The Markit PMI services index flash for March rose 1.8 points to 58.6.
The Kansas City Fed Manufacturing Index fell -5 points to -4 in March.
The Bloomberg Consumer Comfort Index rose 1.3 points to 45.5 in the latest week, the highest level since July, 2007.
Initial weekly jobless claims fell 9,000 to 282,000. The 4-week average fell 7,750 to 297,000. Continuing claims fell 6,000 to 2.416 million.
The Fed’s balance sheet fell $-15.3 billion last week, with total assets of $4.481 trillion. Reserve bank credit fell $-7.9 billion.
The Fed reports that M2 money supply rose by $9.3 billion in the latest week.
The MBA reports that mortgage applications rose 9.5% last week, with purchases up 5.0% and refis up 12.0%, on lower interest rates.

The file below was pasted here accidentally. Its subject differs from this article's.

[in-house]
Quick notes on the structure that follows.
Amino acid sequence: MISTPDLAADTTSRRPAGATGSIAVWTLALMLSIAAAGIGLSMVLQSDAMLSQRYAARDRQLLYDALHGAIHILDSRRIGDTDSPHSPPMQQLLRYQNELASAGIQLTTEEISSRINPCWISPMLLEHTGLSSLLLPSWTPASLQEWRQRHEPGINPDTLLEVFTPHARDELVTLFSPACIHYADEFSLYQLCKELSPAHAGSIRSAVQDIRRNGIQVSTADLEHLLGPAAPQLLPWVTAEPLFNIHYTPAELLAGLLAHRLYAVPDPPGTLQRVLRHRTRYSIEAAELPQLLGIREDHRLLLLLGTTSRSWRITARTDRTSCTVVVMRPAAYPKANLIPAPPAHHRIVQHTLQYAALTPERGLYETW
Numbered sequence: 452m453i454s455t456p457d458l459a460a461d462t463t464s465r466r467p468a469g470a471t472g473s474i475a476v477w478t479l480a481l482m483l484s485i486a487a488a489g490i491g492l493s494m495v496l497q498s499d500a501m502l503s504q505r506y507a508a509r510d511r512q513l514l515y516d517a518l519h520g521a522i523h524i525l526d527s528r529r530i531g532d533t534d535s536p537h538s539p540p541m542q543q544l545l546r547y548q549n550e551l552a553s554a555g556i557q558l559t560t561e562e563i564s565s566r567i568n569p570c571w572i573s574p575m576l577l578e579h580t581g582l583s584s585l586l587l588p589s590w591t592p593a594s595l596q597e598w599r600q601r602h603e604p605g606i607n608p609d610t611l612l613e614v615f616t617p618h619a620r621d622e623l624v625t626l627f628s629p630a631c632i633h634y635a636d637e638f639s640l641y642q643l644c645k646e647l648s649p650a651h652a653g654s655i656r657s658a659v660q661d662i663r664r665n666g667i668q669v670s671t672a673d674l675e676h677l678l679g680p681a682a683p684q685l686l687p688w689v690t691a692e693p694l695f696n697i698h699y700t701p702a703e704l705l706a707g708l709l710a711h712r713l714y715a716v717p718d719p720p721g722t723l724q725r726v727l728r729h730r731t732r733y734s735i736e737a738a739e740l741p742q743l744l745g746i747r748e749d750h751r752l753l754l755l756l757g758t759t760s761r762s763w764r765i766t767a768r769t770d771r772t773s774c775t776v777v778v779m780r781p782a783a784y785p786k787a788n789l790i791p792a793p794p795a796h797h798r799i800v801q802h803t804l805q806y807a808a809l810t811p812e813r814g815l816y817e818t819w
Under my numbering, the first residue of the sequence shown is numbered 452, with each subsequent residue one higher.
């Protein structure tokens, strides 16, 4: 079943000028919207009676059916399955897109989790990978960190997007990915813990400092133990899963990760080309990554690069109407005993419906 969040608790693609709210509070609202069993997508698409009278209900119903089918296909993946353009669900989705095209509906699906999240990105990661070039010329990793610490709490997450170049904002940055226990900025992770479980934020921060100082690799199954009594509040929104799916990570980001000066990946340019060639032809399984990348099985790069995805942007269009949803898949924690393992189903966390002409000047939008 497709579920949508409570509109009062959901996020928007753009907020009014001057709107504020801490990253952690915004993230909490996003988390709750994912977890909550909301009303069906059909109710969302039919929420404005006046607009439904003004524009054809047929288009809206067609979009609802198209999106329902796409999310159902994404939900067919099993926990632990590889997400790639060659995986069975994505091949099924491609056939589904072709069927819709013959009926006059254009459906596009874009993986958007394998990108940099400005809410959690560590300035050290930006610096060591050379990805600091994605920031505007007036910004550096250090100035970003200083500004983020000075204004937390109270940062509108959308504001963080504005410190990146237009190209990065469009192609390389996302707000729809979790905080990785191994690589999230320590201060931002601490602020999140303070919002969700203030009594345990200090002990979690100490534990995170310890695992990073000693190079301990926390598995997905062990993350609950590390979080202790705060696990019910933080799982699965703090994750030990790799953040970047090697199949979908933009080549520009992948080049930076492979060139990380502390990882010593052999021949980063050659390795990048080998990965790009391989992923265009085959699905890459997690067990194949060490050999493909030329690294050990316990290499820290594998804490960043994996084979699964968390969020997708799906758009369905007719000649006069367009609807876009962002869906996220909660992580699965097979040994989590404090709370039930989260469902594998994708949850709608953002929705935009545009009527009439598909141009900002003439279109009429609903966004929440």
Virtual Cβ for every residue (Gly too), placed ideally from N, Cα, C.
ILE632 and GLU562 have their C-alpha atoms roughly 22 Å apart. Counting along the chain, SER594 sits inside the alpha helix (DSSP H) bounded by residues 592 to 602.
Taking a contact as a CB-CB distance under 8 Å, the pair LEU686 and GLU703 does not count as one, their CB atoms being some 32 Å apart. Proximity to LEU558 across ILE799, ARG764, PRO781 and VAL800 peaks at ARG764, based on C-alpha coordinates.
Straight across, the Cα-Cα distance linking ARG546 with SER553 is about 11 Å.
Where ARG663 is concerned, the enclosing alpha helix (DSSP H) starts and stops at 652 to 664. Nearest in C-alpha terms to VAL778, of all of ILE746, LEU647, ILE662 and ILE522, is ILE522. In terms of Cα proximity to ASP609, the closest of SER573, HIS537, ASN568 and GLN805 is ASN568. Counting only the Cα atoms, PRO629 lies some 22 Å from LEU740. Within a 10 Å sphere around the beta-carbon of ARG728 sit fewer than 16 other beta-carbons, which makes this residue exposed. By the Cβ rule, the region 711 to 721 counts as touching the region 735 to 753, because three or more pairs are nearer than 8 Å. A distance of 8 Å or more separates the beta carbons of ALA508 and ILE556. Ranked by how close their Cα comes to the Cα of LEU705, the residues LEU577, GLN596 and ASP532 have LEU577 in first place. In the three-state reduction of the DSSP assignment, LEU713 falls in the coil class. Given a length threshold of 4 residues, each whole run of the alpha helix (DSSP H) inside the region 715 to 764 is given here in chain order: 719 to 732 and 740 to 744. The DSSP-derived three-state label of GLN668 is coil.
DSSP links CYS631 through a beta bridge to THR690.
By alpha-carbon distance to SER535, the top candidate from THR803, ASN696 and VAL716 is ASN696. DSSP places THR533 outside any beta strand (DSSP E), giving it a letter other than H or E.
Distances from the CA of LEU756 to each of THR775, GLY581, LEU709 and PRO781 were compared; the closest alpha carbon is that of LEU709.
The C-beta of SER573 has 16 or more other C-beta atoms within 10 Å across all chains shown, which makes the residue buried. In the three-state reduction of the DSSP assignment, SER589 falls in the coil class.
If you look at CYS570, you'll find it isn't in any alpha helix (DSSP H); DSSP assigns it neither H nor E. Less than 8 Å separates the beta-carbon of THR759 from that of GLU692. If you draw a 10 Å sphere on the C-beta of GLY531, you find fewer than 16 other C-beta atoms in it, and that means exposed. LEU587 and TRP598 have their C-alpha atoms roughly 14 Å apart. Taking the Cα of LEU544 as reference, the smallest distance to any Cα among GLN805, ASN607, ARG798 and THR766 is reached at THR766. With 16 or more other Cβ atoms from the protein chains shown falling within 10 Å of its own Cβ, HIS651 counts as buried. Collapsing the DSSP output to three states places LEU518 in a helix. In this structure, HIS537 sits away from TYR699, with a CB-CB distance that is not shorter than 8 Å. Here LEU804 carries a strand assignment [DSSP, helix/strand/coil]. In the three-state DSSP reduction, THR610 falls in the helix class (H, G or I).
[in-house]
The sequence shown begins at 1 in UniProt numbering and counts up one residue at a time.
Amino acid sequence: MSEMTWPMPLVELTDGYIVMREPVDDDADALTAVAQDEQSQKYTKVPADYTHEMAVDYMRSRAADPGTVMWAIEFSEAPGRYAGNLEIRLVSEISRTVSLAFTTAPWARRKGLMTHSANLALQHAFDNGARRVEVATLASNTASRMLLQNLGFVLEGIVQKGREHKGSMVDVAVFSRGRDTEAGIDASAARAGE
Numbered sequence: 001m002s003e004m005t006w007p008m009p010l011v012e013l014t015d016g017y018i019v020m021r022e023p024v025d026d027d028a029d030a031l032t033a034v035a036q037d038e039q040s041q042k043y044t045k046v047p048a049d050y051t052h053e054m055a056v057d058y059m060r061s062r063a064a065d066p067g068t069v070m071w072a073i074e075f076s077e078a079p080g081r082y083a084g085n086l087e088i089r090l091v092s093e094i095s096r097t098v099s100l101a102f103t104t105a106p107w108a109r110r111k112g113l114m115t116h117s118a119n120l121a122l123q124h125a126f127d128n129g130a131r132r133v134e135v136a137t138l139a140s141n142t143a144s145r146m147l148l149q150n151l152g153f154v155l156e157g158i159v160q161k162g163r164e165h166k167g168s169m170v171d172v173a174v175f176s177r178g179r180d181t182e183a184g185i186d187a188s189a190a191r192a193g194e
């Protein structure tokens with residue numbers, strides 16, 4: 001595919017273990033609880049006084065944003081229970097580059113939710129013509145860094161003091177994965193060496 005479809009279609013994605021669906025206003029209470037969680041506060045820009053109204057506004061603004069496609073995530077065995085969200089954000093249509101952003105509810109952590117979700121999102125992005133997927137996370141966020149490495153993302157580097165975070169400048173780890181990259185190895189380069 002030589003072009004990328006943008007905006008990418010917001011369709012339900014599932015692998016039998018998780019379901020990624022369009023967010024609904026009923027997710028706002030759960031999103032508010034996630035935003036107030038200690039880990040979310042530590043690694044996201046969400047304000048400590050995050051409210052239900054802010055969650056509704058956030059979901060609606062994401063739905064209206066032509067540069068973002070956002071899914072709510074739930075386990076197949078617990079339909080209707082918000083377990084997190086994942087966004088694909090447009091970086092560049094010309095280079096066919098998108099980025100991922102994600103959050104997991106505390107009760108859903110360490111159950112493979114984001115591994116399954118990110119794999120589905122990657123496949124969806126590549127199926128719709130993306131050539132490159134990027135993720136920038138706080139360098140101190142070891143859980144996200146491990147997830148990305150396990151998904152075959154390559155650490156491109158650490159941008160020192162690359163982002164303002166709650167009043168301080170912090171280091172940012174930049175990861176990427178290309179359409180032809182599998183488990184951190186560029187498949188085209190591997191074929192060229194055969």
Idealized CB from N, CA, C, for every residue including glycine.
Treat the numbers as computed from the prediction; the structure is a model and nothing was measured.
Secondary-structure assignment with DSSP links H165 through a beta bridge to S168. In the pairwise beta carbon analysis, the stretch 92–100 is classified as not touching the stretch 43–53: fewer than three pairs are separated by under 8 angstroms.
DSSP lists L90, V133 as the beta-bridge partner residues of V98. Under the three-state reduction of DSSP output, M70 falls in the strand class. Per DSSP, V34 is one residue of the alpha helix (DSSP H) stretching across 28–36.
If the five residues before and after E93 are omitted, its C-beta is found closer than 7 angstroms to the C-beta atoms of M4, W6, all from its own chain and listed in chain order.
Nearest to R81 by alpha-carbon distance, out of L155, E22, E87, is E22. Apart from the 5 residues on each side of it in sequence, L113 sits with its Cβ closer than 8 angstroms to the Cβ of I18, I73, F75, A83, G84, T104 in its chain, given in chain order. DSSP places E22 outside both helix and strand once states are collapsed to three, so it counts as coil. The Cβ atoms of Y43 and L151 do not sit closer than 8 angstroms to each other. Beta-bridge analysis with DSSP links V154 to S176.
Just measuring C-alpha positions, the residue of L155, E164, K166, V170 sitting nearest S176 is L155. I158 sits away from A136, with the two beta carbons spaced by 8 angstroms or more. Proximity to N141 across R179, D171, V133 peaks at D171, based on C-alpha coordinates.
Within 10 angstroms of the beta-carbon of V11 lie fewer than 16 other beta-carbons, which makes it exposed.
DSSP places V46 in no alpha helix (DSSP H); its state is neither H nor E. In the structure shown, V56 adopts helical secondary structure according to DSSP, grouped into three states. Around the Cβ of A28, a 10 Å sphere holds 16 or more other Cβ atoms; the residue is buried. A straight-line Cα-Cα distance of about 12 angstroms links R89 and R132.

Durable goods orders fell -1.4% in February, while orders less transportation fell -0.4%. On a year-over-year basis, orders are up only 0.6%, while ex-transportation orders are up just 2.3%.
Consumer prices rose 0.2% in February at both the headline and core levels, as energy prices made a bit of a comeback. On a year-over-year basis, the CPI is still down -0.1% overall, but is up 1.7% less food and energy.
Redbook reports that last week’s retail sales rose to a moderate 2.8% on a year-ago basis, from the previous week’s 2.7%.
The FHFA House Price Index rose a lower-than-expected 0.3% in January. On a year-over-year basis, the index is up 5.1%.
The Markit PMI manufacturing index flash for March rose 0.9 points from the February final to 55.3.